Needless to say, with a 4K resolution at 42-inches, there is plenty of room for activities. If you’re just using the monitor with a standard PC, you could easily have two windows open side by side with plenty of space for text or even three or four with ease especially if you’re on Windows 11. Conversely if you’re someone who uses plenty of professional software such as Adobe or DaVinci, this will allow you to take a look at your photos in great detail or perhaps have all your timeline and tools at a glance with more space to spare. Additionally, we do have to mention that text is really clean and sharp thanks to the sub-pixel layout which anyone can definitely appreciate.

In addition, the monitor also supports Picture-by-Picture (PbP) or Picture-In-Picture (PiP) layouts with different inputs. So you can have your PC and console connected and have it displayed at the same time. It’s all up to you. But of course, one major thing to be concerned about with OLED is burn-in. Thankfully, Asus has done a few things to ease your worry.

One is the custom heatsink inside the monitor. According to Asus, it allows up to 8% lower temperatures and in effect, it provides better OLED performance and especially longevity. To top it off, it is a fanless design which ensures total silent operation.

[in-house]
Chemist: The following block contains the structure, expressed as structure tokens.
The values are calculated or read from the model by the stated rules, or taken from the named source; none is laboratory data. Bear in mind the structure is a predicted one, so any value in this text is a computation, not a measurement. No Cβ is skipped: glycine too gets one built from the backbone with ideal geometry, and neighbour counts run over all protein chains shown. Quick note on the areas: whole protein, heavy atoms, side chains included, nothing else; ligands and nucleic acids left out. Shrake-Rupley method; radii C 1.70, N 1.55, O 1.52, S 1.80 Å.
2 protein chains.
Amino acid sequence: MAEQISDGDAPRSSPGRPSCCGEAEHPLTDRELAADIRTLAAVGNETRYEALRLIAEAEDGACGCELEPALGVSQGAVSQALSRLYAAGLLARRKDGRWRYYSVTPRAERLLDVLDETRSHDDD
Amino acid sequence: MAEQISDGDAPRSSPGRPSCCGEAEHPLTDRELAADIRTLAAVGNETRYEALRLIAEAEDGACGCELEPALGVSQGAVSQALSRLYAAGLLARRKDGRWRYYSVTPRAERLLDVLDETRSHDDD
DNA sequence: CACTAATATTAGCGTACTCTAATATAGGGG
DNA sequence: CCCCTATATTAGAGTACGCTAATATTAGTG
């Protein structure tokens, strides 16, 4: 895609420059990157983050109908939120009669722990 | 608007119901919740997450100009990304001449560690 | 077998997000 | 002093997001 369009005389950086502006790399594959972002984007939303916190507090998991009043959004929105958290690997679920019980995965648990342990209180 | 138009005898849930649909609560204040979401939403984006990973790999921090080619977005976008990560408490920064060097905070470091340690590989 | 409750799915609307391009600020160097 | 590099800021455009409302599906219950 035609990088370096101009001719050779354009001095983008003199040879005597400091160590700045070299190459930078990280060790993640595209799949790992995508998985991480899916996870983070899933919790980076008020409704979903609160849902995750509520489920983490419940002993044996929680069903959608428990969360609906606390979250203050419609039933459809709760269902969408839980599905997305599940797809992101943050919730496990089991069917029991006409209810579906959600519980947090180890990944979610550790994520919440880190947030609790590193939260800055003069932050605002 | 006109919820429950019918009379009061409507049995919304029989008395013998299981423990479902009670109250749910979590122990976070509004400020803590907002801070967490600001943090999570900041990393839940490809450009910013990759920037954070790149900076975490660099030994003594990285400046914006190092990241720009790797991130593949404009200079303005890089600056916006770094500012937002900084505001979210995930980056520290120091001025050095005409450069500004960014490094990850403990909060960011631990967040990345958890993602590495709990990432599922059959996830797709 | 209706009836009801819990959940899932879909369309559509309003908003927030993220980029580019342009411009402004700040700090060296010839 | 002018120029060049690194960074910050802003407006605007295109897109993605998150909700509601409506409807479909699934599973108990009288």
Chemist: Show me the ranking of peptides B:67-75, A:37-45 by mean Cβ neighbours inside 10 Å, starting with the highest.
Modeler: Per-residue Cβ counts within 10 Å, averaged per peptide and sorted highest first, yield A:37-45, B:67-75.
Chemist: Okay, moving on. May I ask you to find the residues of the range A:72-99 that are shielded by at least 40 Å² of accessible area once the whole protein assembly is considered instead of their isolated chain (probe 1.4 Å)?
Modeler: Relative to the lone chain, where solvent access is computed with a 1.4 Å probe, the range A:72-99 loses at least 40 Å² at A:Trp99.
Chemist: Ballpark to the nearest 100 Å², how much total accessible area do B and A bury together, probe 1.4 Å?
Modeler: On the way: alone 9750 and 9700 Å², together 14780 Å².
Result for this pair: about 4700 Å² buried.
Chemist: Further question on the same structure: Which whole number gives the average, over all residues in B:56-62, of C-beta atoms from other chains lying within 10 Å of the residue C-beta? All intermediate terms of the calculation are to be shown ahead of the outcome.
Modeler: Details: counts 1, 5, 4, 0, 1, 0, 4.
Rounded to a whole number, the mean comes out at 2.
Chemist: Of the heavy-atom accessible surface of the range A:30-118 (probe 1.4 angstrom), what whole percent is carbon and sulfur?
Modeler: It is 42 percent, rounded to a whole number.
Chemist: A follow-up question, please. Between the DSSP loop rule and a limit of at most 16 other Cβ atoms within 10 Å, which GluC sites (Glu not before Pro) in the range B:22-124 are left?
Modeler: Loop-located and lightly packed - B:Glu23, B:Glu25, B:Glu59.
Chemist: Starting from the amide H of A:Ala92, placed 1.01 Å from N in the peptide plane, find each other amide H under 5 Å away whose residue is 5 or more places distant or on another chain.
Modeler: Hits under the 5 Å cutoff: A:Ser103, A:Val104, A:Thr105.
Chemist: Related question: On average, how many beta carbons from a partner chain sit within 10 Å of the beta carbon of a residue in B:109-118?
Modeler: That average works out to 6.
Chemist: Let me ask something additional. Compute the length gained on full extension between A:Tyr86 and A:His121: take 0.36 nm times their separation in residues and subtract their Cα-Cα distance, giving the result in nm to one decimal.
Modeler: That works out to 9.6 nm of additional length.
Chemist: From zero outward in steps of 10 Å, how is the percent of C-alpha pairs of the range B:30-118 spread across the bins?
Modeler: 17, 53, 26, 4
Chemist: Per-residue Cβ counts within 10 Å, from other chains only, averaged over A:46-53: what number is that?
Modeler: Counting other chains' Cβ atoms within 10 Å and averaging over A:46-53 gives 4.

The other is a little feature where if you left the monitor on and inactive for 8 hours, a Pixel Cleaning notification will appear and will appear again every subsequent 4 hours if left unattended. Now if you do turn off the monitor, Pixel Cleaning will begin automatically and will take about 6 minutes to complete. In the event you turn on the monitor before the process is completed, not only will you experience a longer boot up turn than usual, but that same notification will reappear once every 4 hours yet again. On the other hand, you can initiate this process anytime you like via the OSD.


So now at this point, we’re pretty sure that most of you are going to compare this with the LG C2 and especially so given the fact that both are priced similarly. The LG C2 costs US$1,399 or S$2,449 while the Asus PG42UQ costs US$1,399 or S$2,549. But those prices are MSRP. Nowadays, you can find the LG C2 going for about US$100-200 cheaper on sale and possibly even more in the upcoming end of year deals.

That means you’re getting pretty much the same experience for quite a bit less… or are you?

Our Thoughts

Honestly, Asus has done a really good job with the ROG Swift OLED PG42UQ and we daresay that it is worth that extra bit of cash for it especially if you’re going to be using it with a PC. Having a DisplayPort is a huge benefit, and so are the other nifty things like a USB 3.2 Gen 2 Hub, the matte coating, the implementation of Uniform Brightness and the fast wake from sleep amongst many other things.

All these upgrades might be small in itself but add them all up and they do truly make the overall experience with a PC that much better, putting it ahead in comparison to the LG C2 for the same purpose. So like we mentioned at the start. If you’re even thinking of getting this, just get it for It is pretty darn good.